In an challenge brought by competitor Sun Products, the National Advertising Division recommended that Procter & Gamble modify claims for its Ultra Downy April Fresh Liquid fabric softener in a television commercial because the claims included an unsupported message of product superiority.

The decision focused on one of three challenged commercials after Procter & Gamble permanently discontinued running one ad and voluntarily discontinued using another.

Claims at issue included “What if clean sheet day became clean sheet week?” and “New Ultra Downy April Fresh with Scent Pearls gives a whole week of freshness with just one wash.”

Sun Products argued that the Downy ad campaign made false and misleading claims that competitors’ fabric softeners lost fragrance faster and left fabrics less soft than Downy. Procter & Gamble said the campaign was an attempt to express to consumers that its Downy with Scent Pearls extends freshness to an entire week – not that Sun Product’s Snuggle loses all fragrance after one day.

But the NAD determined that the “commercial could reasonably be interpreted by consumers to mean that Snuggle’s fragrance lasts one day as compared to Ultra Downy’s, which lasts one week.”

The beginning of the television commercial began with a voiceover asking “What if clean sheet day became clean sheet week? New Ultra Downy April Fresh has Scent Pearls that give you a whole week of freshness with just one wash,” with the word “day” in the “clean sheet day” visual crossed out to state “clean sheet week.”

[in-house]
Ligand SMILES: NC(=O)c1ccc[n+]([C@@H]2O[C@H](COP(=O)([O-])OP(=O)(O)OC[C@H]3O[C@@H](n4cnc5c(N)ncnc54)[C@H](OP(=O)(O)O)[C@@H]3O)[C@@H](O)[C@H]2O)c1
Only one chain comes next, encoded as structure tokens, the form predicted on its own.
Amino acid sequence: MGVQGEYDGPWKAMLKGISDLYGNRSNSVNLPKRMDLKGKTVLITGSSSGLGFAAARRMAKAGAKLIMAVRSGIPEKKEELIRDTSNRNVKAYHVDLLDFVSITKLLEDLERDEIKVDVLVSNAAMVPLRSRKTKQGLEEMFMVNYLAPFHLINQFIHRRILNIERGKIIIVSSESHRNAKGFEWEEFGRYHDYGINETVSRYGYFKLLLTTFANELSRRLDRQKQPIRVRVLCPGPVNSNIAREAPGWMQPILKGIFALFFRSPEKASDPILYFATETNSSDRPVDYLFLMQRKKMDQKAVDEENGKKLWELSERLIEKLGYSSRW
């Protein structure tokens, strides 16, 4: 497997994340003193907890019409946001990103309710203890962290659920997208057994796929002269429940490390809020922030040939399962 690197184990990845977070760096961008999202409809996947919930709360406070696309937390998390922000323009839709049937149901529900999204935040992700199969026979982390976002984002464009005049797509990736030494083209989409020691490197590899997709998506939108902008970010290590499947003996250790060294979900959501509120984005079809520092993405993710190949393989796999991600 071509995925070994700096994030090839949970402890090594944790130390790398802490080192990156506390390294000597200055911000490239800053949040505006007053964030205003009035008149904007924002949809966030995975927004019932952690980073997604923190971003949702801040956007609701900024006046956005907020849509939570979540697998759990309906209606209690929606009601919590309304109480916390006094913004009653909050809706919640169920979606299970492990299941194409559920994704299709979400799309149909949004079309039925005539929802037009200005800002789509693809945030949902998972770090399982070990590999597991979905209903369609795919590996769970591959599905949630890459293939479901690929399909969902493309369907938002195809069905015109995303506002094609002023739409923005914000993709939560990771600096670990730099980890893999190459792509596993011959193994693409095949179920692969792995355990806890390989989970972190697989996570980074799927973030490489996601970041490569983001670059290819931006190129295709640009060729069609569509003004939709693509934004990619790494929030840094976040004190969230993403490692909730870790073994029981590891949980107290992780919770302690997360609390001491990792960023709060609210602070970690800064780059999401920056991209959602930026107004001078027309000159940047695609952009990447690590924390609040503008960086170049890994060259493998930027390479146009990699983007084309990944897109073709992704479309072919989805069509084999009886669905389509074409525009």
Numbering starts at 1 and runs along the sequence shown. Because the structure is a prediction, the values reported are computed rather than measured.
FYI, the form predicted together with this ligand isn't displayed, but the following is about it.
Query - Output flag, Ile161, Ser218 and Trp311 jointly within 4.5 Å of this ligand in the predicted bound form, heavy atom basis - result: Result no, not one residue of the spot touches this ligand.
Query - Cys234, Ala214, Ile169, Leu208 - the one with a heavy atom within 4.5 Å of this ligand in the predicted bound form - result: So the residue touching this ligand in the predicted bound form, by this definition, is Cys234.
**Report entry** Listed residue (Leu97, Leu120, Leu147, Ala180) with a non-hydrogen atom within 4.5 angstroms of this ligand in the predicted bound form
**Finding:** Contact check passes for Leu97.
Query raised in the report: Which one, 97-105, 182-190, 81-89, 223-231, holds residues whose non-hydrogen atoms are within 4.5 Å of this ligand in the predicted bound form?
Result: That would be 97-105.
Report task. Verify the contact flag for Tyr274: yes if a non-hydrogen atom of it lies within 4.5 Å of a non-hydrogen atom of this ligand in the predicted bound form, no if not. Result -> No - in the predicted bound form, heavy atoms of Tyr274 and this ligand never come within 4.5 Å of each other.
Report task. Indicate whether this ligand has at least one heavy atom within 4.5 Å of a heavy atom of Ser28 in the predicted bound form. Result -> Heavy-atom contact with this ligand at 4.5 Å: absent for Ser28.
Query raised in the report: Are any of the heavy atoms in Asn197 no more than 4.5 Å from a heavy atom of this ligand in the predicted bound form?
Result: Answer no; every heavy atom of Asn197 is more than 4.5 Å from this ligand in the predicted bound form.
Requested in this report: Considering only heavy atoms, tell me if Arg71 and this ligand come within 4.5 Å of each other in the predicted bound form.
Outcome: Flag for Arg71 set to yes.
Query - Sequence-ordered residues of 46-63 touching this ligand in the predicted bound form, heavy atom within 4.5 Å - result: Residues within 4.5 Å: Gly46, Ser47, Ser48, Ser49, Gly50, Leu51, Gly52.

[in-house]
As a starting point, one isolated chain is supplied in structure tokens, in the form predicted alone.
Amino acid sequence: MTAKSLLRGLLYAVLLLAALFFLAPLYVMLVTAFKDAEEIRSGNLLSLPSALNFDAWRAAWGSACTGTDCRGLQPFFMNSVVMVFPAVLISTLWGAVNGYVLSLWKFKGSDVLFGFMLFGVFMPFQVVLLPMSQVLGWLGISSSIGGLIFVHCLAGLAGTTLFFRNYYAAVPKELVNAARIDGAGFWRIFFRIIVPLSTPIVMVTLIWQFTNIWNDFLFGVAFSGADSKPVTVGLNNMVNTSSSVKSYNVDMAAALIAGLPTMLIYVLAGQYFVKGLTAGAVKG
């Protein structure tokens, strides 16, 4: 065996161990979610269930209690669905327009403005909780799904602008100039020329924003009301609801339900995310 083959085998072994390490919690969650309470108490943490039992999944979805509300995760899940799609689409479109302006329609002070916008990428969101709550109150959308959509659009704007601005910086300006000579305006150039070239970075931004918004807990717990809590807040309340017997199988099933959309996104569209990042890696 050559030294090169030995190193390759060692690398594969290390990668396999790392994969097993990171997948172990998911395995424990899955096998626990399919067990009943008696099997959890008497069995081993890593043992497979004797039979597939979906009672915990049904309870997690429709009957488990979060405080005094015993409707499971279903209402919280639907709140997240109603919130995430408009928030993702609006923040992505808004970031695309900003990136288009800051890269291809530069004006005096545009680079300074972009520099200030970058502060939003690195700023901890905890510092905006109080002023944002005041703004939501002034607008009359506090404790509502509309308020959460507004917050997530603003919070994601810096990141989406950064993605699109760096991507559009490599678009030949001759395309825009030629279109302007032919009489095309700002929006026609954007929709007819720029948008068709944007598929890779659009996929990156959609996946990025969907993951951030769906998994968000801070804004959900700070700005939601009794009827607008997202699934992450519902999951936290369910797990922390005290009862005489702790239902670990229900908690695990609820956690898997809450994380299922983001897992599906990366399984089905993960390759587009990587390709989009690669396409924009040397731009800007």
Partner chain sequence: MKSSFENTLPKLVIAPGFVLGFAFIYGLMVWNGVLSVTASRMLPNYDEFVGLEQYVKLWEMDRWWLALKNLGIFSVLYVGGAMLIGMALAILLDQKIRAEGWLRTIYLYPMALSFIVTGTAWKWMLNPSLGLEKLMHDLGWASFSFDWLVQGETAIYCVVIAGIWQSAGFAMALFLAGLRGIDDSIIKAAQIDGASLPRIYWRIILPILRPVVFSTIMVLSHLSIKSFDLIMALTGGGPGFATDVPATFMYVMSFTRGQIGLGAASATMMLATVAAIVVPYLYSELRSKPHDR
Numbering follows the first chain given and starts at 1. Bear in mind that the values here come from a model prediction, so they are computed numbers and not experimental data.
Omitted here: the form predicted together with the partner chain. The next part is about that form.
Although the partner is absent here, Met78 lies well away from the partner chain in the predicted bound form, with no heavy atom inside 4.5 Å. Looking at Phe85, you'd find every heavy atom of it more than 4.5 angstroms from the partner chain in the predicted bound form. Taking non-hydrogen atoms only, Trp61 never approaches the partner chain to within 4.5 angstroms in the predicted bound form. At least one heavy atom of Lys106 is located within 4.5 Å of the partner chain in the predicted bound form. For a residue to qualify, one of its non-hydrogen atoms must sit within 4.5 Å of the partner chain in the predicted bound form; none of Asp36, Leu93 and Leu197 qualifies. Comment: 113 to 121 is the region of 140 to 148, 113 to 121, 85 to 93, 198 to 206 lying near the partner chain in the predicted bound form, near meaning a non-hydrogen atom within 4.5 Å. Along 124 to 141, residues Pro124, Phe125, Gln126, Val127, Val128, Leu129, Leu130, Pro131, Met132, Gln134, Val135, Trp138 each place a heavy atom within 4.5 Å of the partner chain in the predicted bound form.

“This introduction, NAD determined, sets the tone of the commercial from which consumers could reasonably take away the message that fabric softeners typically provide one day’s worth of fresh scent (including, but not limited to, the challenger’s Snuggle), but that now Ultra Downy with its new formula provides sufficient fragrance to last a full seven days,” the panel said.

Further frames depicted a bottle of Ultra Downy with checkboxes for seven days stacked next to it, all checked off, next to a bottle of Snuggle with no boxes next to it.

“Certainly one of the messages reasonably conveyed by the [commercial] is that the challenger’s Snuggle’s fresh scent lasts for one day as opposed to the advertiser’s Downy, which lasts for seven days – a disparaging message that is unsupported by the evidence,” the NAD said.

It recommended that the comparative message be discontinued.

Sun Products commissioned two different consumer perception surveys, which it contended supported its position. P&G challenged the surveys, arguing they lacked an effective control and that Sun Products performed an improper aggregation and coding of data. The NAD said it could not conclude that the survey was fatally flawed.

The NAD offered some advice for companies conducting consumer perception surveys, emphasizing the value in open-ended questions to avoid leading and probing questions. “NAD believes that a progression from open-ended to increasingly focused questioning using commonly employed filtering techniques is a better approach to probing for implied messages than asking leading questions that increase the potential for biased results,” the NAD said.

To read the NAD’s press release about the decision, click here.

Why it matters: “‘It is well established that an advertiser is obligated to support all reasonable interpretations of claims made in its advertising, including messages it may not have intended to convey.’ While NAD appreciates how important it is for an advertiser to be able to distinguish its product from competing products, at the same time NAD recognizes that expressly or implicitly disparaging claims can damage a product’s market share. Therefore, NAD scrutinizes such claims to ensure that they are truthful, accurate and narrowly drawn,” the NAD said.